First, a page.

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Trees have long since shed their colorful leaves. The milkweed pods are empty and grape vines are stripped of purple fruit. Life on this once-bustling landscape is now on hold, but not for everything.
From atop a towering balsam fir, a thin, high-pitched, eeen, eeen, eeen gently breaks the winter silence. I look up to find a diminutive blue and rusty bird clinging to a snow-dusted bough, looking much like a holiday ornament. This ornament, a red-breasted nuthatch, is actively attacking what is left of a disintegrating cone. Using its long, tapered bill, this bundle of energy probes the cone for seeds. Cone bracts rain down as discovered seeds are quickly eaten. Then with a couple of quick wingbeats, the ornament flies off to another cone-laden branch.
I'm always delighted to see red-breasted nuthatches as they only visit us in winter. Some years bring many while in other winters the nomadic birds are scarce. Whether or not they arrive to entertain us depends upon the cone supply in the northern conifers. If fir and spruce cones are abundant, the tiny sprites stay up north and dine well. If the cone crop is inadequate, the birds move south searching for food. Some years they may migrate only as far as central and southern Wisconsin to satisfy their needs, while other years they may bypass us and leave the state to delight bird watchers to our south.
When not dining on cone seeds, red-breasted nuthatches spend their time twisting, turning, spiraling up, down, around, behind and under conifer tree trunks and branches, gleaning for insect eggs and larvae, and stored seeds. Unlike woodpeckers, red-breasted nuthatches are equally adept at hitching up a tree trunk as they are at moving headfirst down the trunk.
Red-breasted nuthatches, Sitta canadensis, are fairly easy birds to identify. On their stocky, 4-1/2-inch frame, they sport a short tail and neck, proportionately large head and long, black bill. Each red-breasted nuthatch has rusty red on its breast that extends to under its tail. Its blue-gray back is the color of ominous storm clouds. The most definitive characteristic is its black eye line topped with a white stripe. The only species likely to be confused with this bird is its larger cousin, the white-breasted nuthatch, Sitta carolinensis. White-breasted nuthatches are year-round residents preferring habitats associated with deciduous trees, not conifers. The 6 ½-inch-long white-breasted nuthatches have white breasts and a bit of rusty red on the belly and under the tail. They also have blue-gray backs, but their white cheeks and chin stand out for they lack the black eye line and white stripe.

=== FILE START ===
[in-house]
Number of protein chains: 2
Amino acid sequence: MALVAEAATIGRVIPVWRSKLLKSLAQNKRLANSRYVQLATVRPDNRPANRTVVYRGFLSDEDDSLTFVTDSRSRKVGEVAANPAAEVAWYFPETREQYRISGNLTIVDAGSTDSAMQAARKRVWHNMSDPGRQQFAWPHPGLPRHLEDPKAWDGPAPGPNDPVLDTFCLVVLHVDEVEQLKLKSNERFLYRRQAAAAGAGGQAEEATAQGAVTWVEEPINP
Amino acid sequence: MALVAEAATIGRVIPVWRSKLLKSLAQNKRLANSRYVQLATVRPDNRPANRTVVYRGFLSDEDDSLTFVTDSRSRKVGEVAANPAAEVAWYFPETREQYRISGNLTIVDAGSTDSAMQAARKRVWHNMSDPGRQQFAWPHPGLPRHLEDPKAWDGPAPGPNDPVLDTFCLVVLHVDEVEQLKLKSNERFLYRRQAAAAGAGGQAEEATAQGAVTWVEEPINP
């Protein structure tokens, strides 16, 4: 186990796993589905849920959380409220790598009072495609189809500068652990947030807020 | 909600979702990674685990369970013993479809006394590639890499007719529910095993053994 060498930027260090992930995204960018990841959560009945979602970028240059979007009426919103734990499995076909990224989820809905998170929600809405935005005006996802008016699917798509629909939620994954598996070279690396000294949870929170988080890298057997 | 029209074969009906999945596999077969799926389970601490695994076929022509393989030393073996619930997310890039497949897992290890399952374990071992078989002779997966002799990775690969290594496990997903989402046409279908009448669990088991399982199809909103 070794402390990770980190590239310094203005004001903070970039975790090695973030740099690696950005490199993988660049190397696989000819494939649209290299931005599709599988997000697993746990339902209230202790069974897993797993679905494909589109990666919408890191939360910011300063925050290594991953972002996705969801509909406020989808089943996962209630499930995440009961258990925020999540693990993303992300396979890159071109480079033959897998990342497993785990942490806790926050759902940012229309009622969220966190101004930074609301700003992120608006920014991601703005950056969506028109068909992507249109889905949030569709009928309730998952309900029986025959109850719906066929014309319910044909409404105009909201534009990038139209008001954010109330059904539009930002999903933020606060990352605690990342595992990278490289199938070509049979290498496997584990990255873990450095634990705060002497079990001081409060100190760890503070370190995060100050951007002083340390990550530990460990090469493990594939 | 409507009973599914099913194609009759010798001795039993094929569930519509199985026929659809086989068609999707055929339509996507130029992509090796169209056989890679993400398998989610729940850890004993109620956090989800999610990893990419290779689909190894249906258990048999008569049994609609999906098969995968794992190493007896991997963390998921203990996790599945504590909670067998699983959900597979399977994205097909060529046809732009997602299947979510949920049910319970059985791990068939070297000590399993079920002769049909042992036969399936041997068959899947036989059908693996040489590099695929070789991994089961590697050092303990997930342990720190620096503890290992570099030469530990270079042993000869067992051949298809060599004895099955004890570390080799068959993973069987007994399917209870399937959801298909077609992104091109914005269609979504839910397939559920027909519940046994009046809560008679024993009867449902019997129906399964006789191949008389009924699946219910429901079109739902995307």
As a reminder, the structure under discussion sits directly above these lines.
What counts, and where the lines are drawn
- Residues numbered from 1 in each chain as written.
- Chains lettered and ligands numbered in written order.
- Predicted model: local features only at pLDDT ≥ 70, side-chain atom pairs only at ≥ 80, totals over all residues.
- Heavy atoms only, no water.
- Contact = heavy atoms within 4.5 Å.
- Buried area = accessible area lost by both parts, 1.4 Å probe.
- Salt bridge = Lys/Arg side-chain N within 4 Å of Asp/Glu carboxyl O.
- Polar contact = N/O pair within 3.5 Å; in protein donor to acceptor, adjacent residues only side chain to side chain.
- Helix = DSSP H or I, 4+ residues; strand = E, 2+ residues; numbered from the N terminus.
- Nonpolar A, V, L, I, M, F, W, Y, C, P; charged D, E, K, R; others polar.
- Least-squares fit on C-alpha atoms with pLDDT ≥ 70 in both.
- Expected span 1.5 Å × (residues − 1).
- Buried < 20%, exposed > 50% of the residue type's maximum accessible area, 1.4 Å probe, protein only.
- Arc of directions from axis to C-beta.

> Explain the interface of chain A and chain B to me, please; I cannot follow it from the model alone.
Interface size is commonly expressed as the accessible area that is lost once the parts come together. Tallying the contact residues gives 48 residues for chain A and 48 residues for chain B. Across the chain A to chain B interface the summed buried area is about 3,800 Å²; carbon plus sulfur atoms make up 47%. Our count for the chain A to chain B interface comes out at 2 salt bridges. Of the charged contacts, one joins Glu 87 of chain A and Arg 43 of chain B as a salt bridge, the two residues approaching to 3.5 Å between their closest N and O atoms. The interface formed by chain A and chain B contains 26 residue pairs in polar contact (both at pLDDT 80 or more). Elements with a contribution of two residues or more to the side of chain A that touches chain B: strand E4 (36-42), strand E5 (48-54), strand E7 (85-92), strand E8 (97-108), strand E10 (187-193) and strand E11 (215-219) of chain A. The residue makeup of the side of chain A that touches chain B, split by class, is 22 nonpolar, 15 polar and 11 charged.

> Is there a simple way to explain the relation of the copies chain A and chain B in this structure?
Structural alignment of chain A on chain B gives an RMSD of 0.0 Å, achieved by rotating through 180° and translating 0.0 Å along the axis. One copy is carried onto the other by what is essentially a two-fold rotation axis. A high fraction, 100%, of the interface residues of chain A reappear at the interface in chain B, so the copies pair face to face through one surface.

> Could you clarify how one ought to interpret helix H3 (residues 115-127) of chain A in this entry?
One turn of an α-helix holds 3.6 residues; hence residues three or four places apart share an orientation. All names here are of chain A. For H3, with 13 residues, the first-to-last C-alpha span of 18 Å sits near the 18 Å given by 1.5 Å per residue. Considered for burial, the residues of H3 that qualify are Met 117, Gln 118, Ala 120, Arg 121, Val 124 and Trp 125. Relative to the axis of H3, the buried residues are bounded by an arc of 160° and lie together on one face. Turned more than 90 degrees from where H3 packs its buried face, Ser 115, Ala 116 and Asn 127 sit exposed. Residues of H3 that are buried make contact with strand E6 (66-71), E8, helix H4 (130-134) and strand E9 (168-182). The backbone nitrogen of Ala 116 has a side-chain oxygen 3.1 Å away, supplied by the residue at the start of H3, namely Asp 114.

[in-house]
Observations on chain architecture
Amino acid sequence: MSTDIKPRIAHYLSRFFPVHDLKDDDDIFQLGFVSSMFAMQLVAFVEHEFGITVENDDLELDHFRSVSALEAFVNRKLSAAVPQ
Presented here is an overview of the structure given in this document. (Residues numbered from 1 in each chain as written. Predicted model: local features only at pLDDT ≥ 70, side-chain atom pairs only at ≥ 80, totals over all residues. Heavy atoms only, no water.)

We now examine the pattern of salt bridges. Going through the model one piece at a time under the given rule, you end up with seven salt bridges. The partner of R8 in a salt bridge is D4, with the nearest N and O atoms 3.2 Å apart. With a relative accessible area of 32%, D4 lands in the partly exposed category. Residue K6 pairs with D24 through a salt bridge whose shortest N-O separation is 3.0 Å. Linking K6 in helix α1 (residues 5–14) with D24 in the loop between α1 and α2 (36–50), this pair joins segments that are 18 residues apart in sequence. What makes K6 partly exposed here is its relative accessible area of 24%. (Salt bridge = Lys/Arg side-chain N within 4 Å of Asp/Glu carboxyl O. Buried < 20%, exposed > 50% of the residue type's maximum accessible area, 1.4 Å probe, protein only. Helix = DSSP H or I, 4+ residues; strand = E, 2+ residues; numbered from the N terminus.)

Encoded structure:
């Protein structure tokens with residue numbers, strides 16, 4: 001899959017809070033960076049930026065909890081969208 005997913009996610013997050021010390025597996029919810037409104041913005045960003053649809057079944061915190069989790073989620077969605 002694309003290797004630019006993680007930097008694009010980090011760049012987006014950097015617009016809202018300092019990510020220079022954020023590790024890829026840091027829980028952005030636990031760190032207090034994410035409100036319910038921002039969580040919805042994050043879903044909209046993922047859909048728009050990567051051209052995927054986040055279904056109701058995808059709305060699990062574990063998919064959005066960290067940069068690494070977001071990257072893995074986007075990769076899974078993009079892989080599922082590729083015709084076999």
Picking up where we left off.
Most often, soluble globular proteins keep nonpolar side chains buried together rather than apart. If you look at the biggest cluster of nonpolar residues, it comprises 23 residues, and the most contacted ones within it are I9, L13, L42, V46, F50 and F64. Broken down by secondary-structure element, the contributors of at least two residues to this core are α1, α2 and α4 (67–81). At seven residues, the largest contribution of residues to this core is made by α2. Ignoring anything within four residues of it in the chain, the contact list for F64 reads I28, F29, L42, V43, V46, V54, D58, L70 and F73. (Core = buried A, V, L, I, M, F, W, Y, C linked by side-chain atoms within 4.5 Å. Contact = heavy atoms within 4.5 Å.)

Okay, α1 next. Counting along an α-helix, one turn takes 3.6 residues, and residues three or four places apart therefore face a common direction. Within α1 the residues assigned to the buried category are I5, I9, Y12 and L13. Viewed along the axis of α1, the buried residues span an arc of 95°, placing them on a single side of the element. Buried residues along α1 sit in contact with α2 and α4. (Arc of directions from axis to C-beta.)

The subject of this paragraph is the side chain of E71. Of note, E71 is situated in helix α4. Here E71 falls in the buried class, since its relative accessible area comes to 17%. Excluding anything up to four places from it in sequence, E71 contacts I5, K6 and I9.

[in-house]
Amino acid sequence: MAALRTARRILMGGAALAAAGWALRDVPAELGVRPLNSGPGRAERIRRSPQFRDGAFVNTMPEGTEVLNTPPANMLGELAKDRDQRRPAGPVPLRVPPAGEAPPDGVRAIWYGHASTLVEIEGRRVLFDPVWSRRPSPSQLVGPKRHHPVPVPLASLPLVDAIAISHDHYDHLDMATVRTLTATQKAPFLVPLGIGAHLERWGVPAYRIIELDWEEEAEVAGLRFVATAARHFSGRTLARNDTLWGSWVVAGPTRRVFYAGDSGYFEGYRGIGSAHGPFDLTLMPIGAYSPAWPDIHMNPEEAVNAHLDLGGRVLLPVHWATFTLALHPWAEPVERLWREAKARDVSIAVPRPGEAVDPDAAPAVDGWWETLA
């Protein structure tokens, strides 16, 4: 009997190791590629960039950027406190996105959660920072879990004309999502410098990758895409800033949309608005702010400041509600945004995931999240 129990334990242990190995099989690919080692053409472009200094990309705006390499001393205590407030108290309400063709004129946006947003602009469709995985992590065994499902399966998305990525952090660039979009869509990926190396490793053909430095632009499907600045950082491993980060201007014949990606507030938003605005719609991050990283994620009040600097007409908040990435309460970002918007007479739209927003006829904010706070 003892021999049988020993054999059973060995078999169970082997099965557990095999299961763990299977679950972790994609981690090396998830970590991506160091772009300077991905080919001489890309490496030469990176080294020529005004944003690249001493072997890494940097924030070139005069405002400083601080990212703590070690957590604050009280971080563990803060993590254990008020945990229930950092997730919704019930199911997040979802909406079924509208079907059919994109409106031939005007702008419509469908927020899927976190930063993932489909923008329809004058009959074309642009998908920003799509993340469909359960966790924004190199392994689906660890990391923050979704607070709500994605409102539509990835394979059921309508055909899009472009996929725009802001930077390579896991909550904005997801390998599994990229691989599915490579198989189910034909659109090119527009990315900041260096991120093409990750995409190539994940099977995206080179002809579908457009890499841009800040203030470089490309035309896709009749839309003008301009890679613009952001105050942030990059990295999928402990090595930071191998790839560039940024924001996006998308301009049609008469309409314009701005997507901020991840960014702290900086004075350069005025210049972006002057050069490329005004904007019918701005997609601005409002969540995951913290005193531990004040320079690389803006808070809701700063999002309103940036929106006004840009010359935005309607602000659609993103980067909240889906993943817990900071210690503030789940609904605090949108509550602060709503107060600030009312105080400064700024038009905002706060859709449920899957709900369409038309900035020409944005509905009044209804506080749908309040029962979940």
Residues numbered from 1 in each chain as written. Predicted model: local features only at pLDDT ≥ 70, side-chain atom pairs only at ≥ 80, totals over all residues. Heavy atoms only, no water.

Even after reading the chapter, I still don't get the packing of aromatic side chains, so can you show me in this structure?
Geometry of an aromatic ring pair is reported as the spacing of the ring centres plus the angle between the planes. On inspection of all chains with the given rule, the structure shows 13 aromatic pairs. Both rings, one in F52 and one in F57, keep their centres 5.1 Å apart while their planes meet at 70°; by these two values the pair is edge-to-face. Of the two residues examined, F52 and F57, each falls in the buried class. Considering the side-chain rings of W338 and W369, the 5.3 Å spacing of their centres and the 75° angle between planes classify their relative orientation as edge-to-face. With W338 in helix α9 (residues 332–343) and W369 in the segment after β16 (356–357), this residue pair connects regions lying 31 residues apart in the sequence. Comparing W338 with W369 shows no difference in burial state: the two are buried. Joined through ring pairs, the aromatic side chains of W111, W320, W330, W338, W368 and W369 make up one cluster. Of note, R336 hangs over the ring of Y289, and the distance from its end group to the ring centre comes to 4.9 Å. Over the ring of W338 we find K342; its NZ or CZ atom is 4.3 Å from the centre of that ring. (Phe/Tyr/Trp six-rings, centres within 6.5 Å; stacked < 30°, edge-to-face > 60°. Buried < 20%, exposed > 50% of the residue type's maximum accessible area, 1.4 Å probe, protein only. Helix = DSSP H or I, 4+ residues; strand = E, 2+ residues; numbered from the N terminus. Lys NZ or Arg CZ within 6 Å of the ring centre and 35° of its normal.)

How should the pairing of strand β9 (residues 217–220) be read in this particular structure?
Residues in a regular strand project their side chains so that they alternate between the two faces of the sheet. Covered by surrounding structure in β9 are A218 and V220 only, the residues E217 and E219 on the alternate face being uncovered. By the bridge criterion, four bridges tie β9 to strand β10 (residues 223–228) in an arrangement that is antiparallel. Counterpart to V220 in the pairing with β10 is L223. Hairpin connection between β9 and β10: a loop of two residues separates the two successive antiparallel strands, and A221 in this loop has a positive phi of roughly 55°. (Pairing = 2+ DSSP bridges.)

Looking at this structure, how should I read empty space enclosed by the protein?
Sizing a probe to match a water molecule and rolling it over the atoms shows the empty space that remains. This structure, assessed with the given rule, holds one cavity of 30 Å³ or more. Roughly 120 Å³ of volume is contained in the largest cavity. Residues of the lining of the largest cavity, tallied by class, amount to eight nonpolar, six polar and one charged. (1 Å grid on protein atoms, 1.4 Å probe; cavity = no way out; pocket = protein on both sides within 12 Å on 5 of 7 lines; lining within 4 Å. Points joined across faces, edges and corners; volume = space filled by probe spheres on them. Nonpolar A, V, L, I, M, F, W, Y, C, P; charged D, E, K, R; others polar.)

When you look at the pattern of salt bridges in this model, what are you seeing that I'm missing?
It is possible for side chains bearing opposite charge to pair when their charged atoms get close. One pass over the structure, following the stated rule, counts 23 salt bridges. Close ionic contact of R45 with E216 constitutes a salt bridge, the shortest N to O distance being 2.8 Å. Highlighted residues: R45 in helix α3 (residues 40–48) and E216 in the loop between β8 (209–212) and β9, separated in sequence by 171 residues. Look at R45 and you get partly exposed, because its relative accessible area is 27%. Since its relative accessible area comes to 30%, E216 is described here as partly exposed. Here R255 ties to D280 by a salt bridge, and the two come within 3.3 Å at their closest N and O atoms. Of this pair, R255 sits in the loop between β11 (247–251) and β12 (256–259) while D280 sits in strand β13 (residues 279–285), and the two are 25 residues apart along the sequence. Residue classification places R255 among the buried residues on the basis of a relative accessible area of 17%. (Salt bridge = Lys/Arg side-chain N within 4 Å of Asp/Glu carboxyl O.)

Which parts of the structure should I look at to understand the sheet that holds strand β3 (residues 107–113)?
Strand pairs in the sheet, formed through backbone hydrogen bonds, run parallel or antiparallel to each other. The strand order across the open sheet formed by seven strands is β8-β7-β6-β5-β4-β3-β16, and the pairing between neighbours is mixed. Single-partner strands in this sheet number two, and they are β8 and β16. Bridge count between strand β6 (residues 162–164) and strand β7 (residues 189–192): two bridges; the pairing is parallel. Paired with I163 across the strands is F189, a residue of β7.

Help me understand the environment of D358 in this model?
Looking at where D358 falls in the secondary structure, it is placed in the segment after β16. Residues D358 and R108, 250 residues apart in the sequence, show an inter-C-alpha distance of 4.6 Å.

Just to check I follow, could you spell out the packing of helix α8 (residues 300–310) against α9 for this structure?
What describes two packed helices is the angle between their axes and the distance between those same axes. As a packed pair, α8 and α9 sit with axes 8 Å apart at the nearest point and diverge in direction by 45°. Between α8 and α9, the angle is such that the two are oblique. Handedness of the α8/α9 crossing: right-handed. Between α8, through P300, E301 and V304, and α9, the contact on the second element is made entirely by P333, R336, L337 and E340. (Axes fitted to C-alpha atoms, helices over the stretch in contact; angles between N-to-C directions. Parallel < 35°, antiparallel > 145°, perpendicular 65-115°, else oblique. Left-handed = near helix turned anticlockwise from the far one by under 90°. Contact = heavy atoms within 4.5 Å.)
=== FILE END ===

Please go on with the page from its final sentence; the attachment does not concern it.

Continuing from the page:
Although red-breasted nuthatches like to frustrate us by staying in treetops or quickly disappearing from view as they spiral to the tree's far side, they are also eager to accept handouts at sunflower seed and suet feeders. They zip in, grab a seed, pivot and zip out. They may either cache the seed in a tree crevice or hammer on it to extract the kernel. Their energy level, like that of chickadees, is on fast-forward and definitely livens up a winter scene. These nuthatches may linger until spring's warmth lures them back to their preferred northern boreal forest of spruce and fir.
In the short northern summer, a pair of red-breasted nuthatches excavates a nest cavity up to eight inches deep in a dead snag or tree branch. The cavity is lined with grasses and mosses. The tiny entrance hole is often smeared with conifer resin, a behavior thought to prevent insects, small mammals or other birds from entering the cavity. After an energetic courtship of much talking, pivoting and wing flapping, the female lays four to seven white eggs, each decorated with red-brown spots. Eggs hatch after a 12-day incubation period with the young leaving the nest about 20 days later. The young stay with their parents in a noisy family group for several weeks. One brood is raised per year.
Of the four nuthatch species found in the United States, the red-breasteds are the most migratory. In winter, they frequently join the company of chickadees, woodpeckers and finches as they move through the forest. Although the tiny nuthatches blend in with the trees, they are fairly vocal in winter, so I know they are about, even if I can't see them. I hope the treetop ornaments grace us with their lively presence this winter.
For birding and tromping about, winter is Anita Carpenter's favorite season outdoors.